Thomas Gallatin / April 20, 2018

Comey’s Memos Prove to Exonerate Trump

No new bombshell revelations, just more evidence confirming Comey’s anti-Trump bias.

On Thursday, after months of foot-dragging and threats of subpoena and impeachment, the Justice Department finally handed over to Congress memos written by former FBI Director James Comey. They contain no bombshell revelations; rather they provide greater details of Comey’s meetings and conversations with President Donald Trump. And as Trump expressed via his favorite social media site, “James Comey Memos just out and show clearly that there was NO COLLUSION and NO OBSTRUCTION. Also, he leaked classified information. WOW! Will the Witch Hunt continue?”

So what do we learn from the Comey memos? First, Trump is correct that there is nothing in them that supports any suspicion of Russian collusion. In fact, what may be most revealing about the memos is just how little support Comey was willing to offer Trump. For example, Comey brought to Trump’s attention the dubious and salacious dossier, ostensibly in order to warn the president about its existence, not because Comey was saying it was true. However, Comey failed — over multiple meetings — to inform Trump that the dossier had been paid for by Hillary Clinton’s campaign. Clearly, from the very beginning Comey chose to view Trump as a potential criminal suspect rather than president-elect, even though he had no solid evidence supporting this suspicion.

Second, it’s clear from the earliest meeting that Trump desired to work with and trust Comey. Trump expressed sympathy for the “impossible positions” Comey was in during the campaign, obviously alluding to the Clinton email investigation. It’s not until later meetings that Trump brought up “loyalty,” which Comey found so off-putting, even though we now learn that he essentially agreed to “honest loyalty.” Why would Trump have felt the need to question Comey on his loyalty? The answer seems obvious — Trump sensed (correctly, as it turns out) that Comey was not on board with his presidency and was seeking to determine if he could trust his subordinate.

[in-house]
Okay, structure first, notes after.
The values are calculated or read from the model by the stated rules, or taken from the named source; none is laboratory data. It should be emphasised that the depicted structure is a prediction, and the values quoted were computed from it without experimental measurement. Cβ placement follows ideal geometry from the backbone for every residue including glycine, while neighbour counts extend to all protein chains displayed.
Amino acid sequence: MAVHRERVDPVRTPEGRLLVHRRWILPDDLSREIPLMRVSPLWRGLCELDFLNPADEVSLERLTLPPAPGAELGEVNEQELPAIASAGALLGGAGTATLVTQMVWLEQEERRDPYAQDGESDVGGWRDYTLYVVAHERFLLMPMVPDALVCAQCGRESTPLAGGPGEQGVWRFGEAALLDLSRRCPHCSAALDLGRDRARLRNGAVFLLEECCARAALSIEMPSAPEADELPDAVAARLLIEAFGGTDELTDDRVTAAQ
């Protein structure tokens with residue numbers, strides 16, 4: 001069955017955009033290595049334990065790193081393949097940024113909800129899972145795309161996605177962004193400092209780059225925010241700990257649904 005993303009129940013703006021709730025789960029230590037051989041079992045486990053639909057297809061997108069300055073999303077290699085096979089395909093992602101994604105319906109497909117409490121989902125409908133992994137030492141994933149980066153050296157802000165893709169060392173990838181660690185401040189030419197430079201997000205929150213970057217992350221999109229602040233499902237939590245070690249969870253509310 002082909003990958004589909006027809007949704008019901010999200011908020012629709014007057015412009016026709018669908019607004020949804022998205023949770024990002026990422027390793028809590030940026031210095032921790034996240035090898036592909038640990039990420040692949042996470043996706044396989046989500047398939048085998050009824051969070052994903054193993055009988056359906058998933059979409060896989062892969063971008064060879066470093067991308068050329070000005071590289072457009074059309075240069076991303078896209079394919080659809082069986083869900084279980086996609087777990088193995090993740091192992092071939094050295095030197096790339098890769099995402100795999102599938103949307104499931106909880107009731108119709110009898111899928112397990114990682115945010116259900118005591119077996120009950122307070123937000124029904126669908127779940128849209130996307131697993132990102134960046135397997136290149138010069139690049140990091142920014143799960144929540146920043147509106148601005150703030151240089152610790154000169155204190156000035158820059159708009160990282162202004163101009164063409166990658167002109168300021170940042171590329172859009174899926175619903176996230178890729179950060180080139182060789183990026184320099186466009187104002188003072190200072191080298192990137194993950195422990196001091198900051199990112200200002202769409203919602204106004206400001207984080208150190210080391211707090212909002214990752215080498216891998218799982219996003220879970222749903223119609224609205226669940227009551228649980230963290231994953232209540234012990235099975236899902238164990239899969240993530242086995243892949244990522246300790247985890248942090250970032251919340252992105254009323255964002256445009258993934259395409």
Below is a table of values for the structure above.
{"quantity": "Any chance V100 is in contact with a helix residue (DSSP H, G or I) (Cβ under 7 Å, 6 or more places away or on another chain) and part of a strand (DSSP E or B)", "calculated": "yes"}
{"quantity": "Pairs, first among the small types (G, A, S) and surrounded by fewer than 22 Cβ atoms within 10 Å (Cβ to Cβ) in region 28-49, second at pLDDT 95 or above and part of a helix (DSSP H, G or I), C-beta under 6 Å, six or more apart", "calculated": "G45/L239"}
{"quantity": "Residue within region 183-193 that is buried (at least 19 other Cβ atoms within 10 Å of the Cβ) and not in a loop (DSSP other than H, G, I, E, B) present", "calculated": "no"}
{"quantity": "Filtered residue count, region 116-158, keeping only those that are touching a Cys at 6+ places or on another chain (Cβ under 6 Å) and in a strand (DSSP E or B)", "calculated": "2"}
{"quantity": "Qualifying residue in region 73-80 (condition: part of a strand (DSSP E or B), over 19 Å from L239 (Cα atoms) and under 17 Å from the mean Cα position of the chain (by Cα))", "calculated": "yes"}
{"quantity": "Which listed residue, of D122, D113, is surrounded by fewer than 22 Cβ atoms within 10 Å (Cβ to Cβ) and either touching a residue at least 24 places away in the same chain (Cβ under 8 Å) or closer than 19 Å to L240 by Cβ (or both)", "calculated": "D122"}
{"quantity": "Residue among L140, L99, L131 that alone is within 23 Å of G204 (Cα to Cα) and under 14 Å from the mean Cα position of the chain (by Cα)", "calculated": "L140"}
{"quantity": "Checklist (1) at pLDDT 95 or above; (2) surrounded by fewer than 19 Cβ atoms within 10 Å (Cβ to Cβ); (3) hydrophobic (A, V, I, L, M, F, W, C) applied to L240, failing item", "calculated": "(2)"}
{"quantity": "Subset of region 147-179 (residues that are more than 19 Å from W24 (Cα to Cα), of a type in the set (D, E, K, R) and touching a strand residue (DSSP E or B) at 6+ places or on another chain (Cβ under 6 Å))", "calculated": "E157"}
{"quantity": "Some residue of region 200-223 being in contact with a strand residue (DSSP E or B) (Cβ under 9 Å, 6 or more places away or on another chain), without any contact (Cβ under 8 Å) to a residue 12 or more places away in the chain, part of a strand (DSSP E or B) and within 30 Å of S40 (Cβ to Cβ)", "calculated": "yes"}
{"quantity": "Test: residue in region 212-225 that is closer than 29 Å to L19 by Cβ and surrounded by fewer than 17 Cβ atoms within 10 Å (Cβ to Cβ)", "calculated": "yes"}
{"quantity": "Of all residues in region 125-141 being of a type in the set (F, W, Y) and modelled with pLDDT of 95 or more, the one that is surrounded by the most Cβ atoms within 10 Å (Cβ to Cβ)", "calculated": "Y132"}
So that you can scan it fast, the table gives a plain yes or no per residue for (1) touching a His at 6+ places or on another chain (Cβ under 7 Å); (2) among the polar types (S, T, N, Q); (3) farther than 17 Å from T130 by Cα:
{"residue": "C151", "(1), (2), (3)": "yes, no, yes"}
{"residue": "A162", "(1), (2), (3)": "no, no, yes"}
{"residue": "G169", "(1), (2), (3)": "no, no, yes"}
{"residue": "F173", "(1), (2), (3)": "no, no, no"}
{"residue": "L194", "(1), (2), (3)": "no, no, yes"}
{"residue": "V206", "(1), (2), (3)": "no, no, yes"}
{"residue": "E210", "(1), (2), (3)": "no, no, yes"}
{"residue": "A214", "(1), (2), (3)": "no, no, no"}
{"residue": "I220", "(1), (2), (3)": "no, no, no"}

Finally, as has been the case before, these memos reveal more about Comey’s character than they do Trump’s. Specifically, in the second meeting Comey had with Trump on Jan. 28, 2017, the president expressed concerns about stopping leaks and appeared to press Comey on his reliability. Comey wrote, “I explained that he could count on me to always tell him the truth. I said I don’t do sneaky things, I don’t leak, I don’t do weasel moves. But I was not on anybody’s side politically and could not be counted on in that traditional political sense.” No leaks? No weasel moves? One wonders if Comey was lying at the time or changed his mind later.

The memos add more weight to the conclusion that the former FBI director was a political hack. Comey chose to follow his personal high-minded “values” rather than the Rule of Law, and in so doing he justified decisions aimed at undercutting support for the president. Comey admitted as much in his Senate hearing after having been fired. Comey confessed to leaking to the press, stating, “I woke up in the middle of the night Monday [thinking] that there might be corroboration for our conversation. And my judgment was that I needed to get that out in the public square. So I asked a friend of mine to share the content of [my memos] with a reporter.” Trump was the only president for whom he felt he needed to keep his own memos. Why? Comey was clearly opposed to Trump and thought it might come in handy one day to have a record of his side of the story to use against the president.

On a final note, Comey’s oft-repeated refrain that he wanted to guard the integrity of and public trust in the FBI rings hollow. His decisions and actions indicate a man more focused on promoting his own partisan desires than objectively enforcing the Rule of Law no matter who was in office.

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